ASDIC is a system for advanced traffic monitoring and analysis in large TCP/IP networks. It helps you to investigate the traffic in your network, surveying the activity finding potential weaknesses and threats before they cause you a disturbance. The functions of ASDIC can be broken down into parts:
- Collects traffic data from various sources such as syslog, firewall log files, real time flow monitors, span ports in switches and routers.
- Converts different source data formats into a comparable and consistent format.
- Stores network sessions in a searchable central database.
- Analyses network flows.
- Identifies all traffic patterns.
- Classifies traffic.
- Detects anomalies and deviations.
- Reports events of interest.
The unique feature of ASDIC is its ability to classify all network traffic into meaningful categories, i.e. aggregates. Where other traffic analysis and log collection tools present sessions, ASDIC works on a more abstract level of aggregates of sessions. An aggregate is a collection of sessions, and each session is automatically cataloged into one or more aggregates. In the aggregate, redundant data of the sessions, such as high random ports, are eliminated. An ordinary network consists of a near-infinite number of sessions, but only a limited number of aggregates. With this approach you take the volume out of the equation of traffic analysis - you can as easy disregard the tons of uninteresting traffic as well as locating the single packet or log entry pinpointing the event you really need to pay your undivided attention to.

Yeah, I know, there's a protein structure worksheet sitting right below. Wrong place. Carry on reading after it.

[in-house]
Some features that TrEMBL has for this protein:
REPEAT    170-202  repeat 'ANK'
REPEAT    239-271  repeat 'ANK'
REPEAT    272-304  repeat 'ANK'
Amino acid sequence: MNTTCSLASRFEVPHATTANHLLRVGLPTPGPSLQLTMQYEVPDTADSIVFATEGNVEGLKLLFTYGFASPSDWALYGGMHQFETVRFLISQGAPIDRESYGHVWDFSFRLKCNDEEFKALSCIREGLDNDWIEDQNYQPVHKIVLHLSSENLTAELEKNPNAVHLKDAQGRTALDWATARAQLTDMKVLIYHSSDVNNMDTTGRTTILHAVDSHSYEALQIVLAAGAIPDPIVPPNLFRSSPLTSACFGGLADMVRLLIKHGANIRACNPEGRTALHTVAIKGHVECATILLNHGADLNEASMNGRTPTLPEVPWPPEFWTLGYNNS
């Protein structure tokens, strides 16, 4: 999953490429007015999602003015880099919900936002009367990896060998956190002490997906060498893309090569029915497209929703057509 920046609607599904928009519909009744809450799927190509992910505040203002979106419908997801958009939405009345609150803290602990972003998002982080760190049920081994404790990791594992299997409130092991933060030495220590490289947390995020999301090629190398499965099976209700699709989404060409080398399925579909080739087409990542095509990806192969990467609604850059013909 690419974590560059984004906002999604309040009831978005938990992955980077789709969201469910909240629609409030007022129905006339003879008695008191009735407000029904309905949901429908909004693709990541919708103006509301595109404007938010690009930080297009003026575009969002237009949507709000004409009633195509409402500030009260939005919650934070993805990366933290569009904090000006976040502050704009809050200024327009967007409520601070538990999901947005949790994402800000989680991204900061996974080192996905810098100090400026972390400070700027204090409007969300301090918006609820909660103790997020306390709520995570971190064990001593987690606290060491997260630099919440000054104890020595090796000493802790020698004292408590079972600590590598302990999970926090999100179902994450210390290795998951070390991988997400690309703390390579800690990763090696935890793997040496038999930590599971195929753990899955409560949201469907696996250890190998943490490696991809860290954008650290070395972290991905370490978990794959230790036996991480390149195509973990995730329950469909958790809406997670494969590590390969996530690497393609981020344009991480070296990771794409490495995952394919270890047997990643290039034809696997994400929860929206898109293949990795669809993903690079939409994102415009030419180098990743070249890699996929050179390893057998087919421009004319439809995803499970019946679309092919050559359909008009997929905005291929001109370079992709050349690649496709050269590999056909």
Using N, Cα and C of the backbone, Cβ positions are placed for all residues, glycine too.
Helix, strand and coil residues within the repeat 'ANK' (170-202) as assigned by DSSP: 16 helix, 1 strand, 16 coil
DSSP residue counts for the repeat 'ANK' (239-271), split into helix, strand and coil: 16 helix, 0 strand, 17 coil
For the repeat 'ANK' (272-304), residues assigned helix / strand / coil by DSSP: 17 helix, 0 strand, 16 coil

ASDIC identifies and measures all aggregates, and every session must belong to at least one aggregate. This way, new traffic can be detected when it forces the creation of a new aggregate. With other tools you define aggregates manually, which requires you know what you are looking for, and therefore can never be used to detect and measure new or unknown traffic.
Contrary to an Intrusion Detection System (IDS), ASDIC keeps track of all network traffic, and not only the known bad traffic. In a conventional IDS, all unknown traffic is assumed to be good. In ASDIC, all unknown traffic can be assumed bad. This makes ASDIC very different in network security analysis compared to an IDS/IPS.
You can loosely look at the aggregation process of ASDIC as a reverse firewall. Input unstructured traffic information and output a "rule set". This "rule set" then controls what to measure and report.
We believe ASDIC is one of the most powerful analyzer today available parsing firewall traffic logs. If you disagree, please drop us a mail telling us why. Read more about all the details of ASDIC and traffic analysis and see if it really is something you can afford to be without. You can even download ASDIC and try it out for yourself in your own network environment, free of charge.